Bill Clinton Really Believes He Is Running for President. So Sad . . . . . .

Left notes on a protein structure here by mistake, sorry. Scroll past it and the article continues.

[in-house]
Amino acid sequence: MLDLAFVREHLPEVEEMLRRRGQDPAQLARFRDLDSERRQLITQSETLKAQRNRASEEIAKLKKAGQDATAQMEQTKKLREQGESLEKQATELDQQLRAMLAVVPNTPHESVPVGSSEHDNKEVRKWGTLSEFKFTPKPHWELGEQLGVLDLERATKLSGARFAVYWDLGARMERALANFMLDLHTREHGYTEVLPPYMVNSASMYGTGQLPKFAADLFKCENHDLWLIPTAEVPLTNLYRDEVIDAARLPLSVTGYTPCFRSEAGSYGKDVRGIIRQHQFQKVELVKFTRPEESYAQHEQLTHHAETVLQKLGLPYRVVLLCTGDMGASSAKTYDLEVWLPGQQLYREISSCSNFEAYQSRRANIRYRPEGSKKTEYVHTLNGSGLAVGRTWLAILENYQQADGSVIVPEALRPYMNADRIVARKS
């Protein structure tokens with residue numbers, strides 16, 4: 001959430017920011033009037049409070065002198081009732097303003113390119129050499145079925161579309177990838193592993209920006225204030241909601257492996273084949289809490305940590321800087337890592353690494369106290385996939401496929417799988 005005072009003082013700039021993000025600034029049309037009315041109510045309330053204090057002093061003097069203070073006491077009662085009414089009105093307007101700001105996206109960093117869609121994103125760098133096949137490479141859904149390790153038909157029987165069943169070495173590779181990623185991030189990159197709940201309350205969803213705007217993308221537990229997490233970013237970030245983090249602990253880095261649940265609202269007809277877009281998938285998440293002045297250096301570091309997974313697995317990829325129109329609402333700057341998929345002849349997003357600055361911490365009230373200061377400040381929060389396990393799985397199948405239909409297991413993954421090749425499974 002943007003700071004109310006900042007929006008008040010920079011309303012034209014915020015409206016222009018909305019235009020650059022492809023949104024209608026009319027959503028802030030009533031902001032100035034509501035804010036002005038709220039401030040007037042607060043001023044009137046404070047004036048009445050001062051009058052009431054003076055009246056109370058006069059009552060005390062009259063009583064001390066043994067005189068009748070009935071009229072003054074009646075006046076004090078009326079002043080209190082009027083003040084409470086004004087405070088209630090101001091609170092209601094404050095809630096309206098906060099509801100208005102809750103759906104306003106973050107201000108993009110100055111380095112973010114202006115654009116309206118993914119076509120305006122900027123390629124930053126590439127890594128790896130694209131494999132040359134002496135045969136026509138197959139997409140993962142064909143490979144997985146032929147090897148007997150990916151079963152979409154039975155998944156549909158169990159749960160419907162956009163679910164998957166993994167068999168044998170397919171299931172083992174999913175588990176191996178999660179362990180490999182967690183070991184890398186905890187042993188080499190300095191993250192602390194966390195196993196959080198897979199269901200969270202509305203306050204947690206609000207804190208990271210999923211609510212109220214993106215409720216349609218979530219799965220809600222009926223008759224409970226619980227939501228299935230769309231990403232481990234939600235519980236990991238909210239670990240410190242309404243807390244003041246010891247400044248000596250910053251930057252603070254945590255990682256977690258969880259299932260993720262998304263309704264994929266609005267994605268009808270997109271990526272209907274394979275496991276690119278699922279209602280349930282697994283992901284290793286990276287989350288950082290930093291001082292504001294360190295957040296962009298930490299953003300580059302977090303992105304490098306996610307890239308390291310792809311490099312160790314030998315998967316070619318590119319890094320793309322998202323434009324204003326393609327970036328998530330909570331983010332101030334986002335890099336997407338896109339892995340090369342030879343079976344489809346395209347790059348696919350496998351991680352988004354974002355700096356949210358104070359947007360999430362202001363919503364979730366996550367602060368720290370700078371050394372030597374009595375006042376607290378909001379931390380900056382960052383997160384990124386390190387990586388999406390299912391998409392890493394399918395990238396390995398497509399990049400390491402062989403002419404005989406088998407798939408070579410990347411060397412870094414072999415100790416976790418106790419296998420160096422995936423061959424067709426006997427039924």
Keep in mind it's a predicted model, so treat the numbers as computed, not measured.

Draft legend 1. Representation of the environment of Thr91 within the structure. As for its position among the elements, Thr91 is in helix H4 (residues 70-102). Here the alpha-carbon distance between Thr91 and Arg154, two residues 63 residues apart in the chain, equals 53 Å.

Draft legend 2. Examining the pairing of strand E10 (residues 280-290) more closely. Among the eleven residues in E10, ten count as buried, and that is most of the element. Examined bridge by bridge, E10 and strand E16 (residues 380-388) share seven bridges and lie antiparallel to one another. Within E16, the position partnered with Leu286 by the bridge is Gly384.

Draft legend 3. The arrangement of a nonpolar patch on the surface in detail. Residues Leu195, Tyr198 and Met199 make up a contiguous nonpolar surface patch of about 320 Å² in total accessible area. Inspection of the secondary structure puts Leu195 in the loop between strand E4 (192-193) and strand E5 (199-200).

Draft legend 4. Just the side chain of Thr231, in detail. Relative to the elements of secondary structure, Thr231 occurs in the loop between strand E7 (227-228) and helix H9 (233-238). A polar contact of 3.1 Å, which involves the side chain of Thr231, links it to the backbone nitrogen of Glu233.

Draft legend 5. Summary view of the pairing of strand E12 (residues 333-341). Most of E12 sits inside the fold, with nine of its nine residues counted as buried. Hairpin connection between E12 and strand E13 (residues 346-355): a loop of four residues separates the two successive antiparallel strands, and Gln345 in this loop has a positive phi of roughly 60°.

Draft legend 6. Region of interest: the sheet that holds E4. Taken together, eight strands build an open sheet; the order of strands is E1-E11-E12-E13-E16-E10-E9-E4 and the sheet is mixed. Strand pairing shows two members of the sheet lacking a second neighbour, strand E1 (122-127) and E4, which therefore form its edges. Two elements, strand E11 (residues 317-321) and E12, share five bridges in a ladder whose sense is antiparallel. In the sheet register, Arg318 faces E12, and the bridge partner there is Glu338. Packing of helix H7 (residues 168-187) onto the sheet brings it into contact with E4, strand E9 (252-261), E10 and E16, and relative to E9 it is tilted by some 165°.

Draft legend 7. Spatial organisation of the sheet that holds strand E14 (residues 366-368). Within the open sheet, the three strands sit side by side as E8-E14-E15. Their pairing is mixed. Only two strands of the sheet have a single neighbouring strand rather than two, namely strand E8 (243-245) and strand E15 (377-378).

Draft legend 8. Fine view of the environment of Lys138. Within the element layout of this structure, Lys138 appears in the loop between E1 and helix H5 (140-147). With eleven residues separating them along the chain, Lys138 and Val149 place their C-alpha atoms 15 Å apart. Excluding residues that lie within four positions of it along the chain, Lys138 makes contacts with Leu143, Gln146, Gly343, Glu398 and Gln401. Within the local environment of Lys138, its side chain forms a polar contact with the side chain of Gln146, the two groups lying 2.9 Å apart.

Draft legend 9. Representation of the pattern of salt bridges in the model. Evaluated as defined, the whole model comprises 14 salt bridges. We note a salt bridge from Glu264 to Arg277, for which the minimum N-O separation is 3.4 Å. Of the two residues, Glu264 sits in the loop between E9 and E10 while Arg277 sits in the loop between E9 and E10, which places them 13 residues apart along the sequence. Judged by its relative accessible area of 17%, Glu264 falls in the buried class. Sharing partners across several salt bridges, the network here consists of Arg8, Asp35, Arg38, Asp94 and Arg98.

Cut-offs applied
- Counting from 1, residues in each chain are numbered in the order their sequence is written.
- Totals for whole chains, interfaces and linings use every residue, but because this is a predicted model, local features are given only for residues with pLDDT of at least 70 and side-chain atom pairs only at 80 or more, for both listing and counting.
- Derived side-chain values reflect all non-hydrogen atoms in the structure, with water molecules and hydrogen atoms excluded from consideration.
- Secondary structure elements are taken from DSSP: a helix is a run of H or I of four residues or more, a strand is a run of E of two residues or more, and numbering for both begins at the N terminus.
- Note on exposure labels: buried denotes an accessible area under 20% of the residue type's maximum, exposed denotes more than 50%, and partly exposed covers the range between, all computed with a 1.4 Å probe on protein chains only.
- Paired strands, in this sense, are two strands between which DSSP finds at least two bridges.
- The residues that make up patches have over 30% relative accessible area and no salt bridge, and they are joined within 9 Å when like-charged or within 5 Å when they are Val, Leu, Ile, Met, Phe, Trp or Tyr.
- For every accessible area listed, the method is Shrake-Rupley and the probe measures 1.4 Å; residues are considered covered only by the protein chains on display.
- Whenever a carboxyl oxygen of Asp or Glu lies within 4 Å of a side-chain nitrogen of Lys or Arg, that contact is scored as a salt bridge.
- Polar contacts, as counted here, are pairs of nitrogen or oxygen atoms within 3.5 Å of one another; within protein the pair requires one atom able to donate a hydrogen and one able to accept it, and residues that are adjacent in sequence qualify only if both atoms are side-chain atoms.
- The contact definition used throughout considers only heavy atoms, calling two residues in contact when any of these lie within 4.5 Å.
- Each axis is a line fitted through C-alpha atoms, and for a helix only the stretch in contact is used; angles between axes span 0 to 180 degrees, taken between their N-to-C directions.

The following artile, “Good Bill vs. Bad Bill” by RON FOURNIER, Associated Press Writer Wed Nov 28, 11:09 AM ET, is excellent, and begs the question, “Just WHO does Bill Clinton think is running for president?  Bill or Hillary?  Bill believes that getting Hillary elected will in effect give him eight more years in the White House.  This will make up for the fact that he was “Impeached” by the US House of Representatives.  But I have a tip for Bill, if elected, Hillary isn’t going to let him stay in the White House. DES MOINES, Iowa – As only he can do, Bill Clinton packed campaign venues across eastern Iowa and awed Democratic voters with a compelling case for his wife’s candidacy. He was unscripted, in-depth and generous.  He also was long-winded, misleading and self-absorbed.“Good Bill” and “Bad Bill” (his nickname among some aides) returned to the public arena Tuesday as Sen. Hillary Rodham Clinton brandished her double-edged sword of a husband to fend off rivals in the Jan. 3 caucus fight.“Ladies and gentlemen,” Clinton told 400 Iowans at the start of his three-city swing, “I have had a great couple of days out working for Hillary.”In the next 10 minutes, he used the word “I” a total of 94 times and mentioned “Hillary” just seven times in an address that was as much about his legacy as it was about his wife’s candidacy. He told the crowd where he bought coffee that morning and where he ate breakfast. He detailed his Thanksgiving Day guest list, and menu. He defended his record as president, rewriting history along the way.And he explained why his endorsement of a certain senator from New York should matter to people. “I know what it takes to be president,” he said, “and because of the life I’ve led since I’ve left office.” I, me and my. Oh, my. Late in his 50-minute address, Clinton told the crowd that wealthy people like he and his wife should pay more taxes in times of war. “Even though I approved of Afghanistan and opposed Iraq from the beginning, I still resent that I was not asked or given the opportunity to support those soldiers,” he said. In truth, Clinton did not oppose the Iraq war from the start — at least not publicly.If the former president secretly opposed the war but did not want to speak against a sitting president (as some of his aides now claim), what moral authority does he have now? And did he share his objections with his wife? She started out as a hawkish  Democrat but is now appealing to anti-war voters.The former president also put his own spin on the history of free-trade agreements under his watch, blaming President Bush for turning the accords into job-drainers. “Say want you want about my trade deals,” he said, “but I enforced them.”Sen. Clinton benefited from her husband’s verbal sleight of hand when he told a long story about a man who credited the former first lady for playing “an independent role in the Irish peace process.” While that may technically be true (Hillary Clinton did travel to Ireland and played host to the region’s political players), an “independent role” is not the same as a “critical role,” and Clinton didn’t bother to explain the distinction.You might be wondering — so what? Clinton won two presidential elections (and five terms as Arkansas governor) despite his “Slick Willy” reputation and habit of self-aggrandizement. He’s not on the ballot next year.  His wife is. And she benefits from his popularity and rhetorical skills. Clinton‘s stump speeches have always been remarkably accessible despite their length and complexity. One reason is that, while he talks without notes, Clinton’s remarks are organized like a neat classroom outline.  For example, on Tuesday he had four big reasons why Democrats should back her: • She has the best policy plans; • She works well with Republicans; • She’s a problem solver; • And she has the best range of experience.  For each of those reasons, he had a half dozen or so facts, anecdotes or arguments to support them — and each of those categories had several bullet points of their own. Clinton navigated this mental outline with the same rhetorical crutches he used in Arkansas and Washington.  He would mention something in passing and promise to get back to it (“I’ll say more about that in a minute”), and he always did.  He would “show” people what he meant rather than just “tell” them (“I’ll give you just one example,” he said before giving two or three).  He gave any impatient crowd members hope that the speech would soon end (“And, finally, let me say … ,” he said at least twice before launching into another topic). What he left the crowds with was the assurance that his wife understands their plight. For a man who convinced so many voters that he felt their pain, this may be his most powerful calling card Clinton can leave to Iowa crowds and his wife.  “You need somebody who is strong, competent and has good vision, and never forgets what it’s like to be you,” Clinton said.  And, no, he wasn’t talking about himself.